Read Genre Units of Study text version

Genre Units of Study

Erica Maynard Julie Stratman

The Reciprocity of Reading and Writing

· How authors write texts that readers can comprehend and how readers use their knowledge of text conventions and style assists the reader's comprehension. This illustrates the relationship between reading and writing. · If readers understand how texts are organized and how writers write, and if they have an understanding of the author's topic, they can use information to predict and infer author's intentions. · TFDC p. 90-91

The Reciprocity of Reading and Writing

· If readers lack experience with authors and texts, their reading comprehension is likely to be impaired. · It is so important for students to have some knowledge of the organization of the texts they read, we as teachers must introduce our students to genre studies. · TFDC p. 90-91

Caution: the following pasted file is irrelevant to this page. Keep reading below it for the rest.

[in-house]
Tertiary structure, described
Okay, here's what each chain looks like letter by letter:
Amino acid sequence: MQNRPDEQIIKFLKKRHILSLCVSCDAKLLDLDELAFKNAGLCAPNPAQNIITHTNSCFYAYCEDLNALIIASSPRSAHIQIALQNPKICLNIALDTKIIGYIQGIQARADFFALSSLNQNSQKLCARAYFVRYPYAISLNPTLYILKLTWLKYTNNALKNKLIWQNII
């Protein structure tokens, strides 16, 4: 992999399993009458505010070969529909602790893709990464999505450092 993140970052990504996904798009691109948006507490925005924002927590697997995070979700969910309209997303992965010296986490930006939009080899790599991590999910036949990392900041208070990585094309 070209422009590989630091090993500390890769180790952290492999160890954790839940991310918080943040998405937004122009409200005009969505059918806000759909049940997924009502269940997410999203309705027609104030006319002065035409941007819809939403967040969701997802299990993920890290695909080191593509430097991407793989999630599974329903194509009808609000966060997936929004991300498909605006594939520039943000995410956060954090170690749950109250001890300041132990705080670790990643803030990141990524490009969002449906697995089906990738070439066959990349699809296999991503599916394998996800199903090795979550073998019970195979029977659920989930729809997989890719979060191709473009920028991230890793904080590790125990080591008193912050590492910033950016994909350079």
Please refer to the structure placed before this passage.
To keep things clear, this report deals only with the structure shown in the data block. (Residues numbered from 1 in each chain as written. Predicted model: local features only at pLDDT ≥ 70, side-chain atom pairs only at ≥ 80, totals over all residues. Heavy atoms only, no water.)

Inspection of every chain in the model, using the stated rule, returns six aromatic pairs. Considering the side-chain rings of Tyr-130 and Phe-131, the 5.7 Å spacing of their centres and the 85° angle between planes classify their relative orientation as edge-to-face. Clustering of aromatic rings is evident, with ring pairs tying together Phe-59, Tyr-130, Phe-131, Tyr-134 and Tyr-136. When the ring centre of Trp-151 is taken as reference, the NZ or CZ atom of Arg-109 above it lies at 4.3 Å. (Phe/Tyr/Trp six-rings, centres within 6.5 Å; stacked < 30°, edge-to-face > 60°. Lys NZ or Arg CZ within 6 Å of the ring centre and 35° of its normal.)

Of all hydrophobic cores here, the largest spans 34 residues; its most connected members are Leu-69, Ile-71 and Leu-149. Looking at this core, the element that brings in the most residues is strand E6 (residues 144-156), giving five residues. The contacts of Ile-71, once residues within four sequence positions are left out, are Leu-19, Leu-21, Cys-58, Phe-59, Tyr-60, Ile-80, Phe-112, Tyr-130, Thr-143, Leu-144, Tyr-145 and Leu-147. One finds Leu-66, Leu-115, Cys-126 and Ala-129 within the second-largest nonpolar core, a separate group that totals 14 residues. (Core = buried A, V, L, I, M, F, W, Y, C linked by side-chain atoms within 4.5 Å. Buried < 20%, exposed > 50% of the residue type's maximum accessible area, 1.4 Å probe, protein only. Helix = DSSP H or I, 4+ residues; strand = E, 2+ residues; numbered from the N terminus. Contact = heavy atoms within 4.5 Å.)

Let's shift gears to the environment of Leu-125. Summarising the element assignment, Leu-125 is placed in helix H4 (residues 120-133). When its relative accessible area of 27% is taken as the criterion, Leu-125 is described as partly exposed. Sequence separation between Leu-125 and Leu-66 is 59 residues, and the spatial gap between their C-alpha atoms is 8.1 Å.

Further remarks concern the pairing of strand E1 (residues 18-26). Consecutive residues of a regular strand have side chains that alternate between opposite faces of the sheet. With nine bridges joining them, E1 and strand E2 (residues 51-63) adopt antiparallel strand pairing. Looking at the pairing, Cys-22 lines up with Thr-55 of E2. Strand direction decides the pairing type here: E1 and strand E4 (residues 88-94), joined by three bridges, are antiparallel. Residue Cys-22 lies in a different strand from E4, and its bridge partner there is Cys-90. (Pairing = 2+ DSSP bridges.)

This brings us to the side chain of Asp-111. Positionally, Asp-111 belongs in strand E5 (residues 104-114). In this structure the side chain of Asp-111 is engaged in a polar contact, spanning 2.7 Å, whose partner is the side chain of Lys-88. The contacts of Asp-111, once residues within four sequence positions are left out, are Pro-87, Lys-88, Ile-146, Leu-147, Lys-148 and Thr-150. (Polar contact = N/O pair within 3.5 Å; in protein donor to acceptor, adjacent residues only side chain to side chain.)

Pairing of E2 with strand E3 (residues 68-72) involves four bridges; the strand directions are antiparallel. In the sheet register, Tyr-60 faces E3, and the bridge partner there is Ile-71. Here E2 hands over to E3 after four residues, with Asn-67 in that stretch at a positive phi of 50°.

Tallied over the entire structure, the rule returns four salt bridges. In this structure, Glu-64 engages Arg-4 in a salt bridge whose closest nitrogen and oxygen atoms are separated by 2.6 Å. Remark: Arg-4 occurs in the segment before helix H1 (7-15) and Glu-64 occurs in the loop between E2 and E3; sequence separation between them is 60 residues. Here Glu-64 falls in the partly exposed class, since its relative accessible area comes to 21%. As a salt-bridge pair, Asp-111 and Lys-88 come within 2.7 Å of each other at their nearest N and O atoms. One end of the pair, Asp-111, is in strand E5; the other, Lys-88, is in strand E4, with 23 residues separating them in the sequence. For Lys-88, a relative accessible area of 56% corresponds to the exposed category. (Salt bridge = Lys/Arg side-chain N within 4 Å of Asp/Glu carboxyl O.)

What is a genre?

· It is organized to a specified set of criteria for a particular written form.

Glossary of genres

· · · · · · · · · · · · · · · · Autobiography Biography Fable Fairy tale Fantasy Folktale Historical Fiction Memoir Mystery Nonfiction Poetry Realistic Fiction Science Fiction Tall Tale P. 132- TFDC Book lists- p. 133-156 TFDC

How long does it take?

· The genre unit of study can take several weeks and usually only one specific study is done per quarter. · It can be integrated in many literacy activities but specifically in phase II and writer's workshop.

How do you fit Phase II in?